That is the real test here. Will we settle for the usual condemnations of terrorism, then continue as before, apologizing for, understanding and downplaying the threat of Islamic terrorism, while we reserve our true outrage for the Americans and Israelis, or will we update our maps to reflect the post-9/11 terrain? Words of sympathy are not enough. Al-Qaeda counts on sympathy to increase our fear that we're next in line. Anger is actually more appropriate. It's the ingredient we've been missing these last years, for while we always condemn terrorists attacks and show sympathy for their victims, we never really get angry with the monsters who are behind it. I noticed that prime minister Kjell Magne Bondevik described yesterday's attack as an example of "evil" on TV2, using a word (ondskap) that is quite strong, (big-E evil). That may be a good sign, and I'll be watching for more.
Gard L. Aabakken, Bergen(OSLO IN MY HEART) | 2004-03-12 17:00 | Link
I really hope this tragic incident will encourage europeans to join forces with the americans, in stead of further alienation. Sadly, I do not trust such a development to happen.
As you mentioned, the absence of further terrorist attacks on american soil post 9/11, suggests that they clearly are on the right track (though a troubbeling message of "winds of death" were posted in the alledged AL-qaeda fax) - we should learn from them:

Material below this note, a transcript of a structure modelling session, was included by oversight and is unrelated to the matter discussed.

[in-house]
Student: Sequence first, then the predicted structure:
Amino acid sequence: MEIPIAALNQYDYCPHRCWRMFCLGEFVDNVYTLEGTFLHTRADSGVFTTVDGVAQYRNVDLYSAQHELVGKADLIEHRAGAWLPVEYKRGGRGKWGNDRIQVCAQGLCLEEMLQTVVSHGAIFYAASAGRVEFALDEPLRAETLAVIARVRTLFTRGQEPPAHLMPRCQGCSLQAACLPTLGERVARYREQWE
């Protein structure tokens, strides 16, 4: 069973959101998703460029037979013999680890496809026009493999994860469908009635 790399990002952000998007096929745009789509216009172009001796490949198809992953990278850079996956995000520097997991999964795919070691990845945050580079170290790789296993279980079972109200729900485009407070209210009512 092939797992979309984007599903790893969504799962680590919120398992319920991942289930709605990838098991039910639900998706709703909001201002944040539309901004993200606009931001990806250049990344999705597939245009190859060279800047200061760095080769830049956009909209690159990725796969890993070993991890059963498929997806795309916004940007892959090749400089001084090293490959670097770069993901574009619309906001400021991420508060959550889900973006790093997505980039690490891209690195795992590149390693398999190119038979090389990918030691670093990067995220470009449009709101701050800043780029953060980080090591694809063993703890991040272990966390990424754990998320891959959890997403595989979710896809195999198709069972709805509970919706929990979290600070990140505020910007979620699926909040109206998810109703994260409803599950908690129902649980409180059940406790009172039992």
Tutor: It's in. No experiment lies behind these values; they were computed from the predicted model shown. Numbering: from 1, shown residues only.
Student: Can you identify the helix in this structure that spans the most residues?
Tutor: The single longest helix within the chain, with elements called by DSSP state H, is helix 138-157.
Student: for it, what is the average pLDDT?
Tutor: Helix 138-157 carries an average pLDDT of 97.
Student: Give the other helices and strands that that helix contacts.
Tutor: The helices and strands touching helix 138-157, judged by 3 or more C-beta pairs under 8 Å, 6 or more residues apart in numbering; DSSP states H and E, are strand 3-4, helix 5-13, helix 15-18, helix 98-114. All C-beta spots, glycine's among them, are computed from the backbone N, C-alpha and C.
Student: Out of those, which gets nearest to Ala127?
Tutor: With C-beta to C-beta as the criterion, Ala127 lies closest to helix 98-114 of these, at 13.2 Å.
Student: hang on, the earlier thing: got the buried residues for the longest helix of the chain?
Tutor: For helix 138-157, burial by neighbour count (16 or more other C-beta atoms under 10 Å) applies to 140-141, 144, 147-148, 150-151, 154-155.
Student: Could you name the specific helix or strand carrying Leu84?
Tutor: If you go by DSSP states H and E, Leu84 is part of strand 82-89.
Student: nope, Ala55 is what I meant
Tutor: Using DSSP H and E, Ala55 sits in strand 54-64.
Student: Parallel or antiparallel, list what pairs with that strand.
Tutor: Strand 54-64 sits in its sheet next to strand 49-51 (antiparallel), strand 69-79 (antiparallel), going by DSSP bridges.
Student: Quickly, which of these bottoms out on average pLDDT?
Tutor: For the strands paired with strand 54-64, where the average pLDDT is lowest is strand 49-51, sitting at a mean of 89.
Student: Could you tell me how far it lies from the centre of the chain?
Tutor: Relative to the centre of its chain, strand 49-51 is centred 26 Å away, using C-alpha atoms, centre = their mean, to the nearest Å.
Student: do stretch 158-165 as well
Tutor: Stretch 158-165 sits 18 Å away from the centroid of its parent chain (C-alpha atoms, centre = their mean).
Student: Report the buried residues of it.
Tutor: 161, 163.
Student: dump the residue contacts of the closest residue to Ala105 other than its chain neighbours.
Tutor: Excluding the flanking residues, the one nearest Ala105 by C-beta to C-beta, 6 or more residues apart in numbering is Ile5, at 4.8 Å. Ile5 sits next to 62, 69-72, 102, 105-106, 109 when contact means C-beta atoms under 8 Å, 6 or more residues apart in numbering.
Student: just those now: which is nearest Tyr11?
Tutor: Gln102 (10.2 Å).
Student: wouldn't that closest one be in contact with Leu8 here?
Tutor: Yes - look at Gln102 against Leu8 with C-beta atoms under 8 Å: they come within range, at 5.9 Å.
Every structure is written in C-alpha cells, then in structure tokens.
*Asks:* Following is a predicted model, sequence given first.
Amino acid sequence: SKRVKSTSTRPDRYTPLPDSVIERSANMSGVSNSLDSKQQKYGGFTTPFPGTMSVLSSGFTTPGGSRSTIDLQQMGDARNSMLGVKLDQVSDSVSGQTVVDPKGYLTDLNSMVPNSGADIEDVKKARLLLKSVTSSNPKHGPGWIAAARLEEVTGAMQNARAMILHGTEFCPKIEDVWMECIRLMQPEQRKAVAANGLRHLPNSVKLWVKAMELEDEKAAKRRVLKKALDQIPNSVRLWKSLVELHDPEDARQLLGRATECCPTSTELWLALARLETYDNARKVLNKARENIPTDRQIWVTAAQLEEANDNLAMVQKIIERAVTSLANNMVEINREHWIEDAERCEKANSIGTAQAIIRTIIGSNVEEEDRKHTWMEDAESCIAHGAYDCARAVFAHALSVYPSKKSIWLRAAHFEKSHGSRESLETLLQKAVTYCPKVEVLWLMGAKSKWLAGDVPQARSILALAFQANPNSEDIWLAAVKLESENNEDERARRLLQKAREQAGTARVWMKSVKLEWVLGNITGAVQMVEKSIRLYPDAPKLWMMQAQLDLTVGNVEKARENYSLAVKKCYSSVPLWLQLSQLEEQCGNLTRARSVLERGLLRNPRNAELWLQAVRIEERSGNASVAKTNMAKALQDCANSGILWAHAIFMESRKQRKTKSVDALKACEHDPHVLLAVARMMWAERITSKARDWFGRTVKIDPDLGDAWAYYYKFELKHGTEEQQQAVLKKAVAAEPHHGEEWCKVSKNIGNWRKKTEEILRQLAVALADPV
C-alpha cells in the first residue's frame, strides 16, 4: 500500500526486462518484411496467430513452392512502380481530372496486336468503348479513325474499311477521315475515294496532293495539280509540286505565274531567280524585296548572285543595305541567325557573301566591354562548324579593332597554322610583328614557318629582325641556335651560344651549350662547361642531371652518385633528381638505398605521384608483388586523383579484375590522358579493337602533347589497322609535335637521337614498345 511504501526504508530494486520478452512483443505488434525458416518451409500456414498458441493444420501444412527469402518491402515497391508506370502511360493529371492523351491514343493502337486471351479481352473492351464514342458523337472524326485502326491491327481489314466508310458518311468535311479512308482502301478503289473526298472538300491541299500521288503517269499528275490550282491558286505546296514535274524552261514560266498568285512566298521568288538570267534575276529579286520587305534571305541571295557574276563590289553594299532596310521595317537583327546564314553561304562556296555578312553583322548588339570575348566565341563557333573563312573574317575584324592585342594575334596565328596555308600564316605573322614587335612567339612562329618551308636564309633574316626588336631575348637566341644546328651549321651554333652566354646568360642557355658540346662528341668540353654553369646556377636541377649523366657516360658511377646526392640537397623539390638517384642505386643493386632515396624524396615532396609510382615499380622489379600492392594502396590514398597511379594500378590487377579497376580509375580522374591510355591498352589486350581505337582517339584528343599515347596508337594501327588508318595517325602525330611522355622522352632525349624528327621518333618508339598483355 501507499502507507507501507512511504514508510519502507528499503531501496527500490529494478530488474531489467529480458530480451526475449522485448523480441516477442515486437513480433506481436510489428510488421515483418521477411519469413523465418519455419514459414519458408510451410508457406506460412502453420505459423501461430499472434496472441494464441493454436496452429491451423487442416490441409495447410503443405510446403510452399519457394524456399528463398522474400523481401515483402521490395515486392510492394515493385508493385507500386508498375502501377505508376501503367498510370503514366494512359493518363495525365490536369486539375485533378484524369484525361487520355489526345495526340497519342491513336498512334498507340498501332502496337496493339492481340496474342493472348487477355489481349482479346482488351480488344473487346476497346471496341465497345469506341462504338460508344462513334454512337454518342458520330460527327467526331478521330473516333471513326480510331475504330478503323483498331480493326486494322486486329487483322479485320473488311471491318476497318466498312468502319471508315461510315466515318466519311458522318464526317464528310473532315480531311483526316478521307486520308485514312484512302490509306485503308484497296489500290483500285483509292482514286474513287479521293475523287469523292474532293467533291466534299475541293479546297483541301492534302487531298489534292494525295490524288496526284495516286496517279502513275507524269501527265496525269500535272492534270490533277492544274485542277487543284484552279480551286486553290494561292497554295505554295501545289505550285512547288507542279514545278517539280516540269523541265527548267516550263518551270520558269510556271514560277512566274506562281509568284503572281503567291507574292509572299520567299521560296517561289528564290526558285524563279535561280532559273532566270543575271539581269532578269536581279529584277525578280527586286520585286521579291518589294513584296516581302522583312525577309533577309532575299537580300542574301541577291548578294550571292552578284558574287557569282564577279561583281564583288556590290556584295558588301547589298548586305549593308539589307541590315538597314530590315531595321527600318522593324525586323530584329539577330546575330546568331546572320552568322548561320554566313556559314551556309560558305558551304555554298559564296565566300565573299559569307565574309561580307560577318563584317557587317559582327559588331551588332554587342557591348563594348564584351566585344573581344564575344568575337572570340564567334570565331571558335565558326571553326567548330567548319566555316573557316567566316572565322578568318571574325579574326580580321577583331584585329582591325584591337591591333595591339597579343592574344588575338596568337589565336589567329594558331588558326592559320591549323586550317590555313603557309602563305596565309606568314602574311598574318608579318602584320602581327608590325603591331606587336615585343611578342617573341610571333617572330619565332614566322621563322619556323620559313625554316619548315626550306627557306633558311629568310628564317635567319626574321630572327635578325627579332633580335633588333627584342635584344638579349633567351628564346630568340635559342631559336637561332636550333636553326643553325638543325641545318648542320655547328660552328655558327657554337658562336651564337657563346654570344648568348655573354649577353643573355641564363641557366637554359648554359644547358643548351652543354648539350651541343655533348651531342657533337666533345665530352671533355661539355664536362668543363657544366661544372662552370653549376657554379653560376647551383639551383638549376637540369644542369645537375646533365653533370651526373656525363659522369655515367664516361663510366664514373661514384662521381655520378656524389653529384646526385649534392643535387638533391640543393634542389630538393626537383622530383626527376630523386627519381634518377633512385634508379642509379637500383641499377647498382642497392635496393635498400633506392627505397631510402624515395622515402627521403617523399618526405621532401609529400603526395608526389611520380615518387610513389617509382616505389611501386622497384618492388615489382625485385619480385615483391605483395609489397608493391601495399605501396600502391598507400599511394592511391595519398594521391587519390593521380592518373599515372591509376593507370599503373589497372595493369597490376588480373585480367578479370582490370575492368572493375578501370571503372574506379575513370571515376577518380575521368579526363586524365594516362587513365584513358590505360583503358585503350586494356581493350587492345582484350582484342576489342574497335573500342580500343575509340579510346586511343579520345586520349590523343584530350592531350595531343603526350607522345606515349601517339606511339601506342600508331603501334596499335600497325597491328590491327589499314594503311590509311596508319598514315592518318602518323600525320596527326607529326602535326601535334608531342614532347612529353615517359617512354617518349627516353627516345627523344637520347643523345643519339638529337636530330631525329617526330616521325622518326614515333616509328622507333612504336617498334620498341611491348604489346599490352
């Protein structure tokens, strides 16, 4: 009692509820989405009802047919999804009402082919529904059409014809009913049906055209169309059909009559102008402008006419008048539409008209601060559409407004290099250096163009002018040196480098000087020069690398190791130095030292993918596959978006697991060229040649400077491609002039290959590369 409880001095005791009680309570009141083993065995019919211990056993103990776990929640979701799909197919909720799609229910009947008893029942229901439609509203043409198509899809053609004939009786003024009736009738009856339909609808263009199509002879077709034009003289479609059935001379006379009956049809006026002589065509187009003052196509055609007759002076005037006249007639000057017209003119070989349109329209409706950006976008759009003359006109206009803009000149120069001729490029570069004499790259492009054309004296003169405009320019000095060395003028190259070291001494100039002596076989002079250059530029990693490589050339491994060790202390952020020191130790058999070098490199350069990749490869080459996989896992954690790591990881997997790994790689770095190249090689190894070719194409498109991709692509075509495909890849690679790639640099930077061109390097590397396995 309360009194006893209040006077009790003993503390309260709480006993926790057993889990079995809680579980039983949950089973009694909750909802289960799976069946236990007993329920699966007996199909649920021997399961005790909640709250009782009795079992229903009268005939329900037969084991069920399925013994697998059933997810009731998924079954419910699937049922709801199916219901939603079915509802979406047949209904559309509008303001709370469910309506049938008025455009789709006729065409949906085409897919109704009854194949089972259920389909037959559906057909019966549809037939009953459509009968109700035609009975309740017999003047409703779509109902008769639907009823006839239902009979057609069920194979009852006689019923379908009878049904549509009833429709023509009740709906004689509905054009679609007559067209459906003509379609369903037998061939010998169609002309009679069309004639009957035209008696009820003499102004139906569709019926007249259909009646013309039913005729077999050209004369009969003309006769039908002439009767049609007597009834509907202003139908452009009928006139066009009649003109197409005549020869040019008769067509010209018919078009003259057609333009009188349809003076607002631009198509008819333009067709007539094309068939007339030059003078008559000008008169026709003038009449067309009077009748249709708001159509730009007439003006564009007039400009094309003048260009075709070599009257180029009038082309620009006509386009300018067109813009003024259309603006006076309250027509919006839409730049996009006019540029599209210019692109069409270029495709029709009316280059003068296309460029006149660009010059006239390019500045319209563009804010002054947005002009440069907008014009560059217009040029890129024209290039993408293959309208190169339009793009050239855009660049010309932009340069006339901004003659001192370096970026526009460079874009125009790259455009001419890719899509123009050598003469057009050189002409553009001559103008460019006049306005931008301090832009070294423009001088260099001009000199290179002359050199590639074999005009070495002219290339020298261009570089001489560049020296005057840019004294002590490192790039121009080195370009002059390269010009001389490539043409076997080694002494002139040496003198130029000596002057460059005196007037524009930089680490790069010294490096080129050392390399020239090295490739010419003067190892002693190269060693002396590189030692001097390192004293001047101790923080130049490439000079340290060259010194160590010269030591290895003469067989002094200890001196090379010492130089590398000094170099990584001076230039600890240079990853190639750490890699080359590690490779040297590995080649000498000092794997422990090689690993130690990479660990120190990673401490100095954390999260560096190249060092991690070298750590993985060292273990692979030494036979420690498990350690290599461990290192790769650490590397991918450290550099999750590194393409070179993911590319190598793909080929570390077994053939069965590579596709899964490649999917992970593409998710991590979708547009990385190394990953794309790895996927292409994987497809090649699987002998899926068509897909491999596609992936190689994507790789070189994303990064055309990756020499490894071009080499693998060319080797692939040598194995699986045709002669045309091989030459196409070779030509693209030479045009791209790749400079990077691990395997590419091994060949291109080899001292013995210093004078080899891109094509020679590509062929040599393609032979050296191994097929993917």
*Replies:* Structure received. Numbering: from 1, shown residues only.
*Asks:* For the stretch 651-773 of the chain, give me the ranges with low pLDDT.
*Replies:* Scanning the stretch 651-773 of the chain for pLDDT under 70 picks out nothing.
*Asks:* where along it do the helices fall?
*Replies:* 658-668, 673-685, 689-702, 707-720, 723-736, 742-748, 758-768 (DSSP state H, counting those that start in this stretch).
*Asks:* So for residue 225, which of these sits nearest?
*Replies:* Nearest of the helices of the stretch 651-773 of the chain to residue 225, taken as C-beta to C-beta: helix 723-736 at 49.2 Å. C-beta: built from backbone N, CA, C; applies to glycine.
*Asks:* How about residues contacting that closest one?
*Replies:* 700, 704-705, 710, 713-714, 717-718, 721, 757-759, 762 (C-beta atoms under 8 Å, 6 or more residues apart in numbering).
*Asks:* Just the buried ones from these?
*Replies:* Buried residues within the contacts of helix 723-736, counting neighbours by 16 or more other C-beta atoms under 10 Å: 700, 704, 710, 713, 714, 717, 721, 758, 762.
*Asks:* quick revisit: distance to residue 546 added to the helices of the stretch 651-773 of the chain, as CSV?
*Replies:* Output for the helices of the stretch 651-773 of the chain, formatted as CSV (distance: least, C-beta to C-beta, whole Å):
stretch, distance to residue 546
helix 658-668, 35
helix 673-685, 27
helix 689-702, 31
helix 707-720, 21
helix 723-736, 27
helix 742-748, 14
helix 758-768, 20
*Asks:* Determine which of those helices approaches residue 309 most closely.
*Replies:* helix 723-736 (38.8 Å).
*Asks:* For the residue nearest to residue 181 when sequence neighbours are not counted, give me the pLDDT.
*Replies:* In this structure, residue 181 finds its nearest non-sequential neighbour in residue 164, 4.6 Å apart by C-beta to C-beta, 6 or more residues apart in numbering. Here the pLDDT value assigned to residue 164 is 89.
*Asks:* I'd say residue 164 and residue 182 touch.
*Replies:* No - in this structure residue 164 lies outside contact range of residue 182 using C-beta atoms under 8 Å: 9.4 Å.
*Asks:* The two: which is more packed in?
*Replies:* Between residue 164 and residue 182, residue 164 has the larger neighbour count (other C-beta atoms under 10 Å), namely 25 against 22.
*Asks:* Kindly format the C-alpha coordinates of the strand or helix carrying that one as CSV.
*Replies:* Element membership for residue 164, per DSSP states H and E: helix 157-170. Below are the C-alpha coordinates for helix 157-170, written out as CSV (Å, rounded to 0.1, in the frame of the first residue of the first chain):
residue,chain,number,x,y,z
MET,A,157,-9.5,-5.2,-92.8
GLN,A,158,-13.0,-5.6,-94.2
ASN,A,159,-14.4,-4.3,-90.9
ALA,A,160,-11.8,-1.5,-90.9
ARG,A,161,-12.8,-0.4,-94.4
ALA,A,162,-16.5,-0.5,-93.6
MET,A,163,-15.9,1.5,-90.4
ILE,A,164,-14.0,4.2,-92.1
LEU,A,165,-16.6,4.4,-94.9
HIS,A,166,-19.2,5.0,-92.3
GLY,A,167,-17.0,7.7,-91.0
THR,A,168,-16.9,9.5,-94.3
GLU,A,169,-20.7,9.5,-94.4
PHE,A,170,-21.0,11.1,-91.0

The War against terror is NOT Bush` fight, not even Americas fight. It is humanitys fight, and europeans better get used to the idea.
Sandy P. | 2004-03-12 18:50 | Link
Starting to look more like the ETA.
These guys were HEAVY into explosives. HispaLibertas is posting at Blair's place for awhile.
Latest off of Iberian Notes:
According to TV 3, the Corriere della Sera is reporting that a group of some 80 Basque terrorists made their way to Iraq after May 20, 2003, in order to join the Saddamite resistance. Most of them have left, but some have stayed under the cover of NGO workers. Two of them were those arrested in Cuenca with more than 500 kilos of explosives. If this is true, and I want to see a lot of evidence that it is before I believe it, then ETA is a full member, and one in good standing, of the Terror International.
Rantburg's following it, too. As always, chockful of bloggy goodness IF you have the stomach for it.
Susan | 2004-03-12 19:48 | Link
I agree with Gard and Bjorn. The Madrid bombings will have their desired effect on the European consciousness.
Totoro, Chicago, U.S. | 2004-03-12 23:50 | Link
Bjorn, you said: " . . . or will we update our maps to reflect the post-9/11 terrain? Words of sympathy are not enough."
I believe that this terrible event in Madrid will change many European minds about the need to pursue the War on Terror (War on Islamofascism) in a serious way.